Do Institutions Own Frontier Resources Limited (ASX:FNT) Shares?

Every investor in Frontier Resources Limited (ASX:FNT) should be aware of the most powerful shareholder groups. Generally speaking, as a company grows, institutions will increase their ownership. Conversely, insiders often decrease their ownership over time. I generally like to see some degree of insider ownership, even if only a little. As Nassim Nicholas Taleb said, ‘Don’t tell me what you think, tell me what you have in your portfolio.’

Frontier Resources is a smaller company with a market capitalization of AU$5.9m, so it may still be flying under the radar of many institutional investors. In the chart below below, we can see that institutions are noticeable on the share registry. Let’s take a closer look to see what the different types of shareholder can tell us about FNT.

Check out our latest analysis for Frontier Resources

ASX:FNT Ownership Summary, August 8th 2019
ASX:FNT Ownership Summary, August 8th 2019

What Does The Institutional Ownership Tell Us About Frontier Resources?

Many institutions measure their performance against an index that approximates the local market. So they usually pay more attention to companies that are included in major indices.

Frontier Resources already has institutions on the share registry. Indeed, they own 9.6% of the company. This can indicate that the company has a certain degree of credibility in the investment community. However, it is best to be wary of relying on the supposed validation that comes with institutional investors. They too, get it wrong sometimes. If multiple institutions change their view on a stock at the same time, you could see the share price drop fast. It’s therefore worth looking at Frontier Resources’s earnings history, below. Of course, the future is what really matters.

ASX:FNT Income Statement, August 8th 2019
ASX:FNT Income Statement, August 8th 2019

We note that hedge funds don’t have a meaningful investment in Frontier Resources. As far I can tell there isn’t analyst coverage of the company, so it is probably flying under the radar.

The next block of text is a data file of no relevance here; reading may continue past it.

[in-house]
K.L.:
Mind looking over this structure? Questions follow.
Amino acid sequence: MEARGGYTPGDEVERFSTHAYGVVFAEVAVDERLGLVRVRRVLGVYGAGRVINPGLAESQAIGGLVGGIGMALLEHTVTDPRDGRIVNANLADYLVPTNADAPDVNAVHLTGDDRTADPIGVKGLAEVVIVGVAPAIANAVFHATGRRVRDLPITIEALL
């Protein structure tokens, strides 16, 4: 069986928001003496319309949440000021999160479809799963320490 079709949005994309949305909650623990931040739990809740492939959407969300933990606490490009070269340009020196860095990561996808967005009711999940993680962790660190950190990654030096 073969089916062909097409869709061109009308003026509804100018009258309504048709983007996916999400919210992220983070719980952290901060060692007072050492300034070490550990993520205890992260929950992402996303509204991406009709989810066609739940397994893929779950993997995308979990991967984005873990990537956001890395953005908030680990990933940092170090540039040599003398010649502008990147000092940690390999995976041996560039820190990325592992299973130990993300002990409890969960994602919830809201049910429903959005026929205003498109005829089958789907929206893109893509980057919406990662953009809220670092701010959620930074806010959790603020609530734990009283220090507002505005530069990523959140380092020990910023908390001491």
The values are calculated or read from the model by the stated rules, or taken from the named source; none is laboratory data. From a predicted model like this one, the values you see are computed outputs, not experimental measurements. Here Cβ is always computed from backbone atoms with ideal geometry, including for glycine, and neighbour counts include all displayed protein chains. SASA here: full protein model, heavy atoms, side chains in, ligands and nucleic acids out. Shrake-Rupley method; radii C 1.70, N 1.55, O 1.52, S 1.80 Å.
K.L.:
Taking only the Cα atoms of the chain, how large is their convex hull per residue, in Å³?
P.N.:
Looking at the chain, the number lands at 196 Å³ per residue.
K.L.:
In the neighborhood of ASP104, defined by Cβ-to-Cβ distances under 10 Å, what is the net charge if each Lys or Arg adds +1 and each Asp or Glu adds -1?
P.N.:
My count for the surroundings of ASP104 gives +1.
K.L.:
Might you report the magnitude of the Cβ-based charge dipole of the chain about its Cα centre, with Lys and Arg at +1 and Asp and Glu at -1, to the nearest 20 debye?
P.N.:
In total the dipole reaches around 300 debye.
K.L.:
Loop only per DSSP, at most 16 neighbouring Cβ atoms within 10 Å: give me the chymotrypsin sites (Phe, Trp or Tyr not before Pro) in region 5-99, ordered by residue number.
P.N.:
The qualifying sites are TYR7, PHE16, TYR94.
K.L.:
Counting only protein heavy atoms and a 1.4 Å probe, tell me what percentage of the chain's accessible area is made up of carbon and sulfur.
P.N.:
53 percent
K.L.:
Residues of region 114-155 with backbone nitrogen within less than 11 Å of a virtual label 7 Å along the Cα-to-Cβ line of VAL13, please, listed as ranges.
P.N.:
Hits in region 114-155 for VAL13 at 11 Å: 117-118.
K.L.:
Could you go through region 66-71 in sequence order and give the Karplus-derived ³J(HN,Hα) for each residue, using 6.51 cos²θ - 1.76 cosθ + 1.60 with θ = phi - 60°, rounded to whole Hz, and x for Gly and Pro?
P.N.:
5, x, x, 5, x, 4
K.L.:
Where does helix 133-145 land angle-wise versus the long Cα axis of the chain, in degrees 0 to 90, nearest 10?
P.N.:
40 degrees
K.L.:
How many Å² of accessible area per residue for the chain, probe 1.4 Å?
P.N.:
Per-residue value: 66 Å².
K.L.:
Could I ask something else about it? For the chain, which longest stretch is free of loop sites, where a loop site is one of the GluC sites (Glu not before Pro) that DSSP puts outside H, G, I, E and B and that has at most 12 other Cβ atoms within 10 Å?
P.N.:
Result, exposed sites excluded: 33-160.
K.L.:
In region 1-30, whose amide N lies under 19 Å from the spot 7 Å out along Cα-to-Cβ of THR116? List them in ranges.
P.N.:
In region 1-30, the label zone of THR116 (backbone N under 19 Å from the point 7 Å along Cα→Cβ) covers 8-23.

Insider Ownership Of Frontier Resources

The definition of an insider can differ slightly between different countries, but members of the board of directors always count. Company management run the business, but the CEO will answer to the board, even if he or she is a member of it.

Most consider insider ownership a positive because it can indicate the board is well aligned with other shareholders. However, on some occasions too much power is concentrated within this group.

Our most recent data indicates that insiders own a reasonable proportion of Frontier Resources Limited. Insiders have a AU$666k stake in this AU$5.9m business. It is great to see insiders so invested in the business. It might be worth checking if those insiders have been buying recently.

General Public Ownership

The general public, who are mostly retail investors, collectively hold 66% of Frontier Resources shares. With this size of ownership, retail investors can collectively play a role in decisions that affect shareholder returns, such as dividend policies and the appointment of directors. They can also exercise the power to decline an acquisition or merger that may not improve profitability.

Private Company Ownership

It seems that Private Companies own 13%, of the FNT stock. Private companies may be related parties. Sometimes insiders have an interest in a public company through a holding in a private company, rather than in their own capacity as an individual. While it’s hard to draw any broad stroke conclusions, it is worth noting as an area for further research.

Next Steps:

While it is well worth considering the different groups that own a company, there are other factors that are even more important.

I like to dive deeper into how a company has performed in the past. You can find historic revenue and earnings in this detailed graph.

Of course, you might find a fantastic investment by looking elsewhere. So take a peek at this free list of interesting companies.

NB: Figures in this article are calculated using data from the last twelve months, which refer to the 12-month period ending on the last date of the month the financial statement is dated. This may not be consistent with full year annual report figures.

We aim to bring you long-term focused research analysis driven by fundamental data. Note that our analysis may not factor in the latest price-sensitive company announcements or qualitative material.

If you spot an error that warrants correction, please contact the editor at editorial-team@simplywallst.com. This article by Simply Wall St is general in nature. It does not constitute a recommendation to buy or sell any stock, and does not take account of your objectives, or your financial situation. Simply Wall St has no position in the stocks mentioned. Thank you for reading.